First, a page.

Questions and answers about coronavirus and the UK economy

Trade & supply chains

How can competition authorities tackle price rises in a crisis?

From the outset of the pandemic, there were reports of retailers charging exceptionally high prices for certain products, notably hand sanitiser. Investigations by the Competition and Markets Authority have played an important role in quelling the practice.

Read more

#economicsfest: What future for farming and the food supply chain?

The UK’s agriculture sector faces multiple challenges to which it must adapt quickly – including Brexit, Covid-19 and environmental degradation. Higher public spending and agricultural policy reforms offer an opportunity to re-evaluate our approach to the countryside.

Read more

Should selective government support replace the job furlough schemes?

As the UK’s job furlough scheme winds down, the government has shifted towards measures to support businesses and employees in local lockdowns. But even if Covid-19 eases, policy-makers will need to retain the capacity for selective sectoral assistance – and clarity on ‘state aid’.

Read more

How is coronavirus affecting emerging markets and developing economies?

The output losses in low- and middle-income countries triggered by the Covid-19 crisis are likely to leave long-lasting scars, reducing potential growth. The UK is not insulated from the economic fallout due to trade links and financial exposure.

Read more

How can production network analysis inform policy on Covid-19?

The economy is characterised by intricate linkages between consumers, businesses and sectors across national and global supply chains. Production network analysis provides insights into the effects of imposing and lifting lockdowns – and policies to support recovery.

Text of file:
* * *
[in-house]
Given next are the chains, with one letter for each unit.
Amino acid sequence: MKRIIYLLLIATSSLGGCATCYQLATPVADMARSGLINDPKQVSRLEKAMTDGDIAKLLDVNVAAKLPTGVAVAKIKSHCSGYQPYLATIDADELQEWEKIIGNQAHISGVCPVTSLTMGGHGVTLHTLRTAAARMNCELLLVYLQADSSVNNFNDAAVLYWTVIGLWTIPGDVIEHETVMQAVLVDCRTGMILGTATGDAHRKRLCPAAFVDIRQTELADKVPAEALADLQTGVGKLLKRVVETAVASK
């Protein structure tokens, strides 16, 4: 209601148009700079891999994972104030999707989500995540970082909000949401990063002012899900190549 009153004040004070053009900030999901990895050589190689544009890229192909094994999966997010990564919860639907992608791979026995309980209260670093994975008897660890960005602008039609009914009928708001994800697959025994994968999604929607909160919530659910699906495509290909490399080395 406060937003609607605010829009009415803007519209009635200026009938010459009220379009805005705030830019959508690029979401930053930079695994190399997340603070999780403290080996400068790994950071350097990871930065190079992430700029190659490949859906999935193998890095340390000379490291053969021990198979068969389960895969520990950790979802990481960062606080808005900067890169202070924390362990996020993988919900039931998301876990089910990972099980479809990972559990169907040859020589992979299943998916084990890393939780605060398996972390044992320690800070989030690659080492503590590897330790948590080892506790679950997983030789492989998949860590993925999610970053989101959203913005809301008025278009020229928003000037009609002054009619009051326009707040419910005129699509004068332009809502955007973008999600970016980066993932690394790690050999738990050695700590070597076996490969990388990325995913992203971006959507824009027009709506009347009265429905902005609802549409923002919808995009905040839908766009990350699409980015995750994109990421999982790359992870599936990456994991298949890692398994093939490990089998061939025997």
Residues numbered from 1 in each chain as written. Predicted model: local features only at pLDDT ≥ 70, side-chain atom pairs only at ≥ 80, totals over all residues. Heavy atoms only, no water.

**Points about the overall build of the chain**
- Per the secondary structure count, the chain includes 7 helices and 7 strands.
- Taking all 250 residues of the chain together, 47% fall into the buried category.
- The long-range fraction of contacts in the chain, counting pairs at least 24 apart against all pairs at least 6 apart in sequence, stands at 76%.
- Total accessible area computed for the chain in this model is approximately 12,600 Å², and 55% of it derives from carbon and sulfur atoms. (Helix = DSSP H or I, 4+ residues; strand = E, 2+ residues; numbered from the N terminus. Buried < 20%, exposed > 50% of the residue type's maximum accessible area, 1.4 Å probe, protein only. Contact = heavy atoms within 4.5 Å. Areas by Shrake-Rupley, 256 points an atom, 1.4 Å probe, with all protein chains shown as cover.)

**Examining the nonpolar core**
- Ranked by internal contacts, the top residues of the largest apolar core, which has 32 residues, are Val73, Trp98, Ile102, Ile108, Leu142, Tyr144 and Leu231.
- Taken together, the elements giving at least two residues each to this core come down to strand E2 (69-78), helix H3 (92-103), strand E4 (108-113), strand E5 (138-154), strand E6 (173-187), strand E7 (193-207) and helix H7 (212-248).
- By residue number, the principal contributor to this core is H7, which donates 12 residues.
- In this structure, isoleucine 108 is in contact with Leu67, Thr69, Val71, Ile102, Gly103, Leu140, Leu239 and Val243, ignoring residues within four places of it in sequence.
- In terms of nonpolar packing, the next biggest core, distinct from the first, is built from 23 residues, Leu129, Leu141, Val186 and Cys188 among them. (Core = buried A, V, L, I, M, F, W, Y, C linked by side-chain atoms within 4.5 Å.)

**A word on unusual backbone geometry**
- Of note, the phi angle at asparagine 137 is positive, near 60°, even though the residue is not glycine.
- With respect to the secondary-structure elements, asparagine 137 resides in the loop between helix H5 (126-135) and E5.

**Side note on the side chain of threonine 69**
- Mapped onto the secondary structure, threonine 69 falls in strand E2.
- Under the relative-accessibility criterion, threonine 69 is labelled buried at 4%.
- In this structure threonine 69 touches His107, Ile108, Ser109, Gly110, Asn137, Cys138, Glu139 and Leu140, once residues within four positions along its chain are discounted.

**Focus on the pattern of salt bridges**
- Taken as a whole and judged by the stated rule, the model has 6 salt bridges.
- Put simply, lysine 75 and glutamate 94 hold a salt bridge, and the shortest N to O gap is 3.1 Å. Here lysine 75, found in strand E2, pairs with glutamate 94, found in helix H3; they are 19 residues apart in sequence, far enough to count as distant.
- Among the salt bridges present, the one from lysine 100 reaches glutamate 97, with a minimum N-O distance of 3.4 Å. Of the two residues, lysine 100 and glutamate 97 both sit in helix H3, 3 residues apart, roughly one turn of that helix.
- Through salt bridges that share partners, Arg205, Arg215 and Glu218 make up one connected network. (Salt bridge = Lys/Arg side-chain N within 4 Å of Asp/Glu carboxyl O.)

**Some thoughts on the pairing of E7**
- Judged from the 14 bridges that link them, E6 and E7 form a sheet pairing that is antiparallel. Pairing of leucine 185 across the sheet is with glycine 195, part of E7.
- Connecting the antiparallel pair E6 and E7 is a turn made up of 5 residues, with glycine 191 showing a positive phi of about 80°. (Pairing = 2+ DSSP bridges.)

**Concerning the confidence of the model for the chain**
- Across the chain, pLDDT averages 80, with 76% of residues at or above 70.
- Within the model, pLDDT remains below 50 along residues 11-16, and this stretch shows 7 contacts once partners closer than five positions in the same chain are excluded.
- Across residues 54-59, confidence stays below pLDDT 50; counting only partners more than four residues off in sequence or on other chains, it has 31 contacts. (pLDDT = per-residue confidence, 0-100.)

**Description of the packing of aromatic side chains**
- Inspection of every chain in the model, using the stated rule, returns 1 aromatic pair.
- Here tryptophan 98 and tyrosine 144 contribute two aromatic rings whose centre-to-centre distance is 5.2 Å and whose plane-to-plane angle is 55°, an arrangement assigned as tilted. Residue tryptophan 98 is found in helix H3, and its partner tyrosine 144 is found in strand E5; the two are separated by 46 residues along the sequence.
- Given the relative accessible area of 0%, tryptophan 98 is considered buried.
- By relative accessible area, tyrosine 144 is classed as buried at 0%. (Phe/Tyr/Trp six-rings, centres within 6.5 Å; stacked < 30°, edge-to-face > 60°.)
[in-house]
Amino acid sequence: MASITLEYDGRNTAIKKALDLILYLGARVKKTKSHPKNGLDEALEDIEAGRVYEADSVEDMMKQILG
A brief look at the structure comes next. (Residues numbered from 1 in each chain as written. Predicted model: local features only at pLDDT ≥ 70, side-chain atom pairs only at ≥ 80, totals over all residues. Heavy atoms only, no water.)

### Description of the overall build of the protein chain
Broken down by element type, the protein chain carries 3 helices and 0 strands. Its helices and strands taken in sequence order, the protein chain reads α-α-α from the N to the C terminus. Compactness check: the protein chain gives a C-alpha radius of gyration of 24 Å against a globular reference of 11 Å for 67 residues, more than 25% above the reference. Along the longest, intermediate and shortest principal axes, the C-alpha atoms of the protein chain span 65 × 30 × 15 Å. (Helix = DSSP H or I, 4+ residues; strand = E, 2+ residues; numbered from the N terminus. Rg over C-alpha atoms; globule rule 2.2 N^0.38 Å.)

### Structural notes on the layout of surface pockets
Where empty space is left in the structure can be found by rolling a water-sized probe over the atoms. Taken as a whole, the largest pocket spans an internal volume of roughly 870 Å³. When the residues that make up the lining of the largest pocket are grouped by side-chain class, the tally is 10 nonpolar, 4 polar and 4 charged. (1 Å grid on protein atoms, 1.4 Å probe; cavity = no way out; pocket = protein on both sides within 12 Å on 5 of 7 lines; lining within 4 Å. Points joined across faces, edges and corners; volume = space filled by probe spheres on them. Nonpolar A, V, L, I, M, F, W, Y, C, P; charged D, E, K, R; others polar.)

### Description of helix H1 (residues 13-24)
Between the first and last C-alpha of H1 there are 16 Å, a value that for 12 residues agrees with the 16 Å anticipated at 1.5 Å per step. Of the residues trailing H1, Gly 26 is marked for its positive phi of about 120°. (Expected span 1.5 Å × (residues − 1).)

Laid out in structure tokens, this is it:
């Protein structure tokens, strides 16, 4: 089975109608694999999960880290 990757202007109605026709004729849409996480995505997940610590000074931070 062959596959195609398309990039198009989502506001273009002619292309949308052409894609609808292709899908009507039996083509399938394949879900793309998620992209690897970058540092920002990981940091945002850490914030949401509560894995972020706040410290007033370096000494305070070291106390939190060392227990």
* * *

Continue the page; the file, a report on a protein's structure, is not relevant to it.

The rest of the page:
Read more

What will happen if trade and mobility are permanently reduced?

It is unclear how long restrictions on trade and travel will remain in place – and too soon to say if coronavirus will permanently reduce cross-border flows of goods, services and people. But there is plenty of evidence on the potential damage to the world economy.

Read more

How has coronavirus affected prices in the supermarket?

The Covid-19 pandemic has led to the closure of cafés and restaurants, a big increase in home working and some people engaged in panic buying. This has fed through to an increase in spending in supermarkets and food retailers – and driven up grocery prices.

Read more

Does the world economy face a danger from rising protectionism?

The Great Recession of 2008/09 seems to have broken the link between recessions and higher barriers to imports. During the coronavirus crisis, new forms of protectionism, such as export controls and trade-distorting stimulus programmes pose a more serious risk to unfettered trade.

Read more

What are the lessons for today from running a wartime economy?

The world continues to experience episodes that remind us of the profound disruptions of twentieth-century wartime. But how far does the war analogy stretch? Covid-19 has been able to disrupt our economy at a speed that no foreign enemy has ever matched.

Read more

Which firms and industries have been most affected by Covid-19?

Almost all UK businesses have been badly affected by the spread of Covid-19, but some industries have been hit harder than others. Financial market data and surveys of firms themselves provide insights into the scale of the impact on sales, employment, supply chains and business uncertainty.

Read more

Should Brexit trade policy changes be delayed because of Covid-19?

Brexit has happened – but the nature of the UK’s future economic and political relationship with the European Union is yet to be determined. There is a strong case for extending the transition period to allow both sides to focus on dealing with the Covid-19 crisis.

Read more

What happens to trade in a global downturn?

World trade typically falls far more than world GDP in a global downturn, but then bounces back quickly. Early indications suggest that the contraction in trade in the looming Covid-19 recession will be even bigger than what followed the 2007/08 global financial crisis.

Read more

Funded by

UKRI Economic and Social Research Council
Skip to main content